Testing Pitometer as Standalone Library

If you want to use Pitometer yourself simply follow the instructions on the GitHub page which also includes a sample Node.js application.

You will also learn that you can pass additional context to Pitometer which is passed to Sources and Graders. Additionally, a timeframe needs to be provided for each run. Keptn for instance passes the timeframe of the previous test execution to Pitometer to evaluate the metrics captured during the run of the performance test.

Pitometer as part of keptn

As shown in the animation at the beginning of this blog, we built a Pitometer Service for keptn which uses Pitometer for automated deployment validation. You can try it yourself by deploying the current version of keptn as described in the keptn docs.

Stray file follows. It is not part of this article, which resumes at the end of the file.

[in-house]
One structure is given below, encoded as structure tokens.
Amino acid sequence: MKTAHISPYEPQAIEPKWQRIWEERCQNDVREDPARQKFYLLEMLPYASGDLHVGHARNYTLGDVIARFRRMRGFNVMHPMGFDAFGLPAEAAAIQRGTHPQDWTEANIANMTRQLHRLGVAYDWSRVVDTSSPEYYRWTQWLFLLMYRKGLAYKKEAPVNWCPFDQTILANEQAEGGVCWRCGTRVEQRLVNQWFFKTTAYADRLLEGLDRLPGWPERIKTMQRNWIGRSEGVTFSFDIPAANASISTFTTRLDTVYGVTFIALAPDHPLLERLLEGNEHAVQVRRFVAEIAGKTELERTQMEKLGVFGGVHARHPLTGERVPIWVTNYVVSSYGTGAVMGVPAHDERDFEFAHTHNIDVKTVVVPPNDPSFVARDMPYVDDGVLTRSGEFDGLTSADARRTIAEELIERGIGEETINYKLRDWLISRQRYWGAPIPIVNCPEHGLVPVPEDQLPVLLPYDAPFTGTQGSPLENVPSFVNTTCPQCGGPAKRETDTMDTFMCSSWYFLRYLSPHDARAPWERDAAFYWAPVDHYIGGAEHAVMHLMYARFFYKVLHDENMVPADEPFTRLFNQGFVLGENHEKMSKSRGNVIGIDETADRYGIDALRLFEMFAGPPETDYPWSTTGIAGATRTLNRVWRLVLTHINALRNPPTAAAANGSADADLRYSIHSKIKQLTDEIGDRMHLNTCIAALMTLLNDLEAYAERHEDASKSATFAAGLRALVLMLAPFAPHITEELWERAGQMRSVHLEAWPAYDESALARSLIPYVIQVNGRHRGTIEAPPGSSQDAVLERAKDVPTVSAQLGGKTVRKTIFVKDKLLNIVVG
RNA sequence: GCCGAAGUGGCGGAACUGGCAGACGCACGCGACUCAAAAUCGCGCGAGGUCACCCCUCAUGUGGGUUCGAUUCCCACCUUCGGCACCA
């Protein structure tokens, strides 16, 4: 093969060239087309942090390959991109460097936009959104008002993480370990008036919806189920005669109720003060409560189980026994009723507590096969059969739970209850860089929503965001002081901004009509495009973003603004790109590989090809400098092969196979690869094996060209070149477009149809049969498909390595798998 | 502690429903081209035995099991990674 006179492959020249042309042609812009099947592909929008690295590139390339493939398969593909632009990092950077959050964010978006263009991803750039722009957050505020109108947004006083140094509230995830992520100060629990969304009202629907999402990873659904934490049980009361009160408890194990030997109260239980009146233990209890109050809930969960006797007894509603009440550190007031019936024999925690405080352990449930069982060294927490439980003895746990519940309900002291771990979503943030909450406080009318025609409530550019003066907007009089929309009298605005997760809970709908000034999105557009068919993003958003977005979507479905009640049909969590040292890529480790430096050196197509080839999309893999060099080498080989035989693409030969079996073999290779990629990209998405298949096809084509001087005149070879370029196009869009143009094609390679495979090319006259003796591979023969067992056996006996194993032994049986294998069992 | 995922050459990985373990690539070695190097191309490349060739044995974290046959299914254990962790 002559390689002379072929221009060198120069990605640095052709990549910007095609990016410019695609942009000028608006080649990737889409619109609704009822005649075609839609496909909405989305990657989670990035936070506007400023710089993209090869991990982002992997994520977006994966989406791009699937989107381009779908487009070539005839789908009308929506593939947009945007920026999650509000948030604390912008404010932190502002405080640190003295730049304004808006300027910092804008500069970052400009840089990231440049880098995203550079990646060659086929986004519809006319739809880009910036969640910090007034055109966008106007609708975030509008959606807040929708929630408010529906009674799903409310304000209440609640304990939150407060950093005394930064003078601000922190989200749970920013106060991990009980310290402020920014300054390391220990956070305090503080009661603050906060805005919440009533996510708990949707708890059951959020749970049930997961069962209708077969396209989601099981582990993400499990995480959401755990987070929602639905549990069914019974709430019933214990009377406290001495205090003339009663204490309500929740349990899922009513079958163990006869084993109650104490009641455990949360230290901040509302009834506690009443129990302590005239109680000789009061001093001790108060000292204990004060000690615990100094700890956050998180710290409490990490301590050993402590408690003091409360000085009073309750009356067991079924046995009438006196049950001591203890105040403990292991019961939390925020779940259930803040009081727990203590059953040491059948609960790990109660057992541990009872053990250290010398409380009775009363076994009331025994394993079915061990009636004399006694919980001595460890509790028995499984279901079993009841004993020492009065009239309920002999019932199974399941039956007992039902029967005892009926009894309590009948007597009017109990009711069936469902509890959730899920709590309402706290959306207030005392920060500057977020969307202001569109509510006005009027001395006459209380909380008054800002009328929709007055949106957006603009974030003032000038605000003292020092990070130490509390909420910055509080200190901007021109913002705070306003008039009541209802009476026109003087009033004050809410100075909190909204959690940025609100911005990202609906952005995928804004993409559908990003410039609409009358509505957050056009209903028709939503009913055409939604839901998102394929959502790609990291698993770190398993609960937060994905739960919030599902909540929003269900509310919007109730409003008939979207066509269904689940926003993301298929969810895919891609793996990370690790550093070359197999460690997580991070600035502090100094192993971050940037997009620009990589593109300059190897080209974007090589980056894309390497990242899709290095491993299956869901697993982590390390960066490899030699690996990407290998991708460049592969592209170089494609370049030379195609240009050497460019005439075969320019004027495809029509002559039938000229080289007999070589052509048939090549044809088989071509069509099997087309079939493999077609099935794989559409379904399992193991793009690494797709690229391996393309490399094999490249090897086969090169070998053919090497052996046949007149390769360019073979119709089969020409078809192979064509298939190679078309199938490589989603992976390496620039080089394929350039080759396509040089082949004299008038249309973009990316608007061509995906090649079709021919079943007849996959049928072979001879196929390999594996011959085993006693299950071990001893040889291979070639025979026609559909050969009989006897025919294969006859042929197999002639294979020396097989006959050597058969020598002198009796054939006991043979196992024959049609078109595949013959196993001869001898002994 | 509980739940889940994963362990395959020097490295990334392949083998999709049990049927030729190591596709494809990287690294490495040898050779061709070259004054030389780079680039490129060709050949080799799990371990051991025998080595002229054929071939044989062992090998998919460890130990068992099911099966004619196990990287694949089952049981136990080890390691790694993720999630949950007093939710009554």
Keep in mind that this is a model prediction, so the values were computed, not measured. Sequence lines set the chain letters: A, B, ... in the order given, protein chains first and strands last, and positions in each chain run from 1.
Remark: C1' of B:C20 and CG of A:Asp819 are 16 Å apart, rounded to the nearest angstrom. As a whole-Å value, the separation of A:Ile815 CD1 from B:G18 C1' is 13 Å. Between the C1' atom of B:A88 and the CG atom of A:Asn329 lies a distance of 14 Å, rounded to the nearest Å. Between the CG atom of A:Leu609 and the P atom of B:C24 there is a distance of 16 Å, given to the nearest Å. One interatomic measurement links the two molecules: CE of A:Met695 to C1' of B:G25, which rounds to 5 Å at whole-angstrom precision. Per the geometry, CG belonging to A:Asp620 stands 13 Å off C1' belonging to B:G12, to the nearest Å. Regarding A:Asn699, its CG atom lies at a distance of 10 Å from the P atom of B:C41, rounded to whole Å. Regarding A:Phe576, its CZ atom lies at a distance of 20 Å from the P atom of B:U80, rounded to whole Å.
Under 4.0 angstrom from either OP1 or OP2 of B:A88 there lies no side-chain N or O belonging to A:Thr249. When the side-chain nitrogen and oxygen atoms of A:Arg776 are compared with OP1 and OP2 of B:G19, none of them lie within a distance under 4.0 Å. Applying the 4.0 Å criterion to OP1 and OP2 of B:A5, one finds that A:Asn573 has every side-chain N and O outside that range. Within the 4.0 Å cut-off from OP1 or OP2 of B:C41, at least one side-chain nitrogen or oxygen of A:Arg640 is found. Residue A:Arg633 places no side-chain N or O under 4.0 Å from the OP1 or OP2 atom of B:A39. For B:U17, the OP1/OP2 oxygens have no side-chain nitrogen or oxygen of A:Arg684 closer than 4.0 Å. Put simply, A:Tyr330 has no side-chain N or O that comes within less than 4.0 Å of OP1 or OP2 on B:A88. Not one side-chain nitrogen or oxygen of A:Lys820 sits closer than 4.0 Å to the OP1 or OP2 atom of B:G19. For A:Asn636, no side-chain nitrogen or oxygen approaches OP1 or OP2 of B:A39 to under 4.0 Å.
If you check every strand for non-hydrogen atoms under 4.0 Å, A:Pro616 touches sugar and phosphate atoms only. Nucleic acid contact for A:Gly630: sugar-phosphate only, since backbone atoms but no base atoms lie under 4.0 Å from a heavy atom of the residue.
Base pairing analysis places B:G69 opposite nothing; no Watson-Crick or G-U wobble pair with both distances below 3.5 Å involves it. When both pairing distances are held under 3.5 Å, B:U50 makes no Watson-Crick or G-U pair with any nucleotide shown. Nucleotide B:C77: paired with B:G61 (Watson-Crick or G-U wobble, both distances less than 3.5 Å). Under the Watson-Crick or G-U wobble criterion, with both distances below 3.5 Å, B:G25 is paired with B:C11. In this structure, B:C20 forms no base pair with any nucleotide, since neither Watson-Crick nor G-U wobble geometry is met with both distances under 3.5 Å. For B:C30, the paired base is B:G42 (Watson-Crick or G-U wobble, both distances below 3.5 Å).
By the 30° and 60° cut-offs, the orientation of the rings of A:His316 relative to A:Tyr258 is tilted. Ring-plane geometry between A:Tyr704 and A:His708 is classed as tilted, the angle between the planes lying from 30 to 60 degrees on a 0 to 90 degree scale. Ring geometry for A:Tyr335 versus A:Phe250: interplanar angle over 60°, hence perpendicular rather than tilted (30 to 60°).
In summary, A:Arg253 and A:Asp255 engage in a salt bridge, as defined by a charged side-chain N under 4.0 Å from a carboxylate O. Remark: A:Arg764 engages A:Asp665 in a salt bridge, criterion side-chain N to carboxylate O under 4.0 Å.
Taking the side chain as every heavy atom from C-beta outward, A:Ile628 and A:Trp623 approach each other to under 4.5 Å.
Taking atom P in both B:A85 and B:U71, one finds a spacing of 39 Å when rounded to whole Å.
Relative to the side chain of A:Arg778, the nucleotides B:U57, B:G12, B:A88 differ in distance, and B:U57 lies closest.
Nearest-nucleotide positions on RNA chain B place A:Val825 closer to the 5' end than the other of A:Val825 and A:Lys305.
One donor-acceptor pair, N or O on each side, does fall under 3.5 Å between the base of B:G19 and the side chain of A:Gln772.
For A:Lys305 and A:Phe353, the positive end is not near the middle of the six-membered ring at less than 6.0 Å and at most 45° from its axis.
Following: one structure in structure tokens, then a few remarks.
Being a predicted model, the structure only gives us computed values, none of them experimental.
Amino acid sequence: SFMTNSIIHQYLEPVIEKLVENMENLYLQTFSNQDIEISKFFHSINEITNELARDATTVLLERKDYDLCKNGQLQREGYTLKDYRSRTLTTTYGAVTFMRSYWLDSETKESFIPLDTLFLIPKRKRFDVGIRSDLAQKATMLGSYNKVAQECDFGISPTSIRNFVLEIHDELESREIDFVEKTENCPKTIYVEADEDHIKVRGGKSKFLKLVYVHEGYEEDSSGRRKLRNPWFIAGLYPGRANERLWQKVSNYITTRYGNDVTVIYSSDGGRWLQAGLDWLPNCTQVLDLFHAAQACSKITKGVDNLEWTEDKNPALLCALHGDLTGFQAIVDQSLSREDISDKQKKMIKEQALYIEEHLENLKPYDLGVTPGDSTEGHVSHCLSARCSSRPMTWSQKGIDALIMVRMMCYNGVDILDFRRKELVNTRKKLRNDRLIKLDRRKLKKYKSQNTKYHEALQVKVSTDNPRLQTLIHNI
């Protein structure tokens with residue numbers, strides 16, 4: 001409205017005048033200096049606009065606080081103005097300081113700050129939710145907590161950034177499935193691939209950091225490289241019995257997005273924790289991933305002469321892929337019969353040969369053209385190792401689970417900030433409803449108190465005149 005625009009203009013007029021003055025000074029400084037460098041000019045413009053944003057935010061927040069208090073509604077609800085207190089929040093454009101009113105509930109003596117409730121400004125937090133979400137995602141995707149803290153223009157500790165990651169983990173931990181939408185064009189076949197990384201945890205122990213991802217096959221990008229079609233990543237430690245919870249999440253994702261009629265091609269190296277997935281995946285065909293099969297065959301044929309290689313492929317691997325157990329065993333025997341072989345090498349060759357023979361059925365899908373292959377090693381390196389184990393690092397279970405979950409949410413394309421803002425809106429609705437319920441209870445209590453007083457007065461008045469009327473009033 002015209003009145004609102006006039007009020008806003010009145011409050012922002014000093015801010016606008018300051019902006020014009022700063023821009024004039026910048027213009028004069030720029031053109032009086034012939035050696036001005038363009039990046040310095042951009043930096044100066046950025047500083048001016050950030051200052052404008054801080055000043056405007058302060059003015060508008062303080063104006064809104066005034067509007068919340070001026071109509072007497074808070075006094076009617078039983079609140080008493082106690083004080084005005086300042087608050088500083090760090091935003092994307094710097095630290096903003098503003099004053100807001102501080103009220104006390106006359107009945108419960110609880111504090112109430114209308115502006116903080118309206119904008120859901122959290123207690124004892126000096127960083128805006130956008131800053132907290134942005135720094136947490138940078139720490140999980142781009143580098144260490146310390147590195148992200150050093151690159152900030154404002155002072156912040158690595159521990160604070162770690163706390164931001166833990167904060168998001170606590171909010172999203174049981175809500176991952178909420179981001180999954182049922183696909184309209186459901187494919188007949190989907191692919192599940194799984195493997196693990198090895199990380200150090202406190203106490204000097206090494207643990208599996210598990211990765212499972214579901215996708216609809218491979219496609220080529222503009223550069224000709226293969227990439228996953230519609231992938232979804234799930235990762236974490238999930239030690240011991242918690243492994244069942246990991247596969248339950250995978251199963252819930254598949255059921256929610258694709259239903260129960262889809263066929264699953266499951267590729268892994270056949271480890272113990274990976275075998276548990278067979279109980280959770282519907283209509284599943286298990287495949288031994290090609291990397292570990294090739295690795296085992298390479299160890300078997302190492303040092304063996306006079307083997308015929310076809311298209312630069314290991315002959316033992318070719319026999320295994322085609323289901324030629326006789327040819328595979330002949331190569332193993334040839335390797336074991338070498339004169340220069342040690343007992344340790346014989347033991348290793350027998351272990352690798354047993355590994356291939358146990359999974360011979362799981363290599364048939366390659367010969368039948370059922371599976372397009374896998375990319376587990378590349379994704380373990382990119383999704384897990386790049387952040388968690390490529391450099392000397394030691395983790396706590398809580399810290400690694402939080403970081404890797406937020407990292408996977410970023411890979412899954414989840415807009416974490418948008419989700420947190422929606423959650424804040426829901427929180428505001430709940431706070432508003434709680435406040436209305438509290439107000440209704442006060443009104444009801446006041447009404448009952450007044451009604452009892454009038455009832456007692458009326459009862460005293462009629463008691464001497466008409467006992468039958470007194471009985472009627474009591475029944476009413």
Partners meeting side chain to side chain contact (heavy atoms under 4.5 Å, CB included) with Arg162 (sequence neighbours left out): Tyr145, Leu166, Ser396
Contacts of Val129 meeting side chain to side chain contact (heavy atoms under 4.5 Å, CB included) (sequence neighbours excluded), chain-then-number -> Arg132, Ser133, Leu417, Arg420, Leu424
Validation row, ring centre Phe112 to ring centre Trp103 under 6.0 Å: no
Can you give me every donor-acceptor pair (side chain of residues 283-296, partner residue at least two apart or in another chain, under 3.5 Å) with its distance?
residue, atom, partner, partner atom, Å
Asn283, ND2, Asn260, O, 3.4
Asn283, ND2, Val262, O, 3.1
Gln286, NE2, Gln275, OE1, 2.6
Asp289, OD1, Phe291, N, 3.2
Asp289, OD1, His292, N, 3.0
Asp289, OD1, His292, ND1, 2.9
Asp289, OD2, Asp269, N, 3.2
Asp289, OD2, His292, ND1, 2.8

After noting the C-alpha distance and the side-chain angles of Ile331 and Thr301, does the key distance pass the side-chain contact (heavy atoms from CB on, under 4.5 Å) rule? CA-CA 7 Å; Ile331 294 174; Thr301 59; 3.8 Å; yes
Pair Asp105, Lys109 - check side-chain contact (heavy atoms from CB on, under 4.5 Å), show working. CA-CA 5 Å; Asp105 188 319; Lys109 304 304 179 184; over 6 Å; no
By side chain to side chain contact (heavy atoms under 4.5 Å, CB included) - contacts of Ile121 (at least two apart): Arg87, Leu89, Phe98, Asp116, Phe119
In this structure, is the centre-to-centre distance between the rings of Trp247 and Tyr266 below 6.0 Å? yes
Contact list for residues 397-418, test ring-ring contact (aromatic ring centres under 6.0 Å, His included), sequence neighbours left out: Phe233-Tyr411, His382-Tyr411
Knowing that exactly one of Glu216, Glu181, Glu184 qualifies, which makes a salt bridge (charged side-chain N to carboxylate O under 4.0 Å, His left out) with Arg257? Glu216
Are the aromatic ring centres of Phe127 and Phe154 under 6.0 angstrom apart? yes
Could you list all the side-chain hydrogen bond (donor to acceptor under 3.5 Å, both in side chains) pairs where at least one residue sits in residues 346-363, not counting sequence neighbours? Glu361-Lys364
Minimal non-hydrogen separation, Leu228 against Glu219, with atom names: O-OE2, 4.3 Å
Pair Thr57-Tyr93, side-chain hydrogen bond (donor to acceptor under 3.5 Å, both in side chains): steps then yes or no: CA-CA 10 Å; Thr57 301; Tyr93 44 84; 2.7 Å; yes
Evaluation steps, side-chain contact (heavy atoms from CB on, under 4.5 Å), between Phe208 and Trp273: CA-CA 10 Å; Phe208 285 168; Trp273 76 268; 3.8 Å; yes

Extending Pitometer with Sources and Graders

We already have external contributors such as Neotys and T-Systems MMS who are extending Pitometer with additional sources and graders. Neotys will provide a source to pull in Load Testing Metrics while T-Systems is building a more sophisticated grader that will allow you to compare against previous builds or against a baseline from previous builds. If you want to contribute your own extension just have a look at the current implementations such as Pitometer Source Dynatrace or Pitometer Grader Thresholds.

Thanks, Neotys for PAC

Now its just time to say THANK YOU Neotys for organizing these PAC Events. It is a great opportunity for performance experts around the globe to get together, share experiences and bounce new ideas. And as we could see in my case – it inspires new open source projects!

Learn More  about Performance as Code

Want to learn more about this event, see Andrea’s presentation here.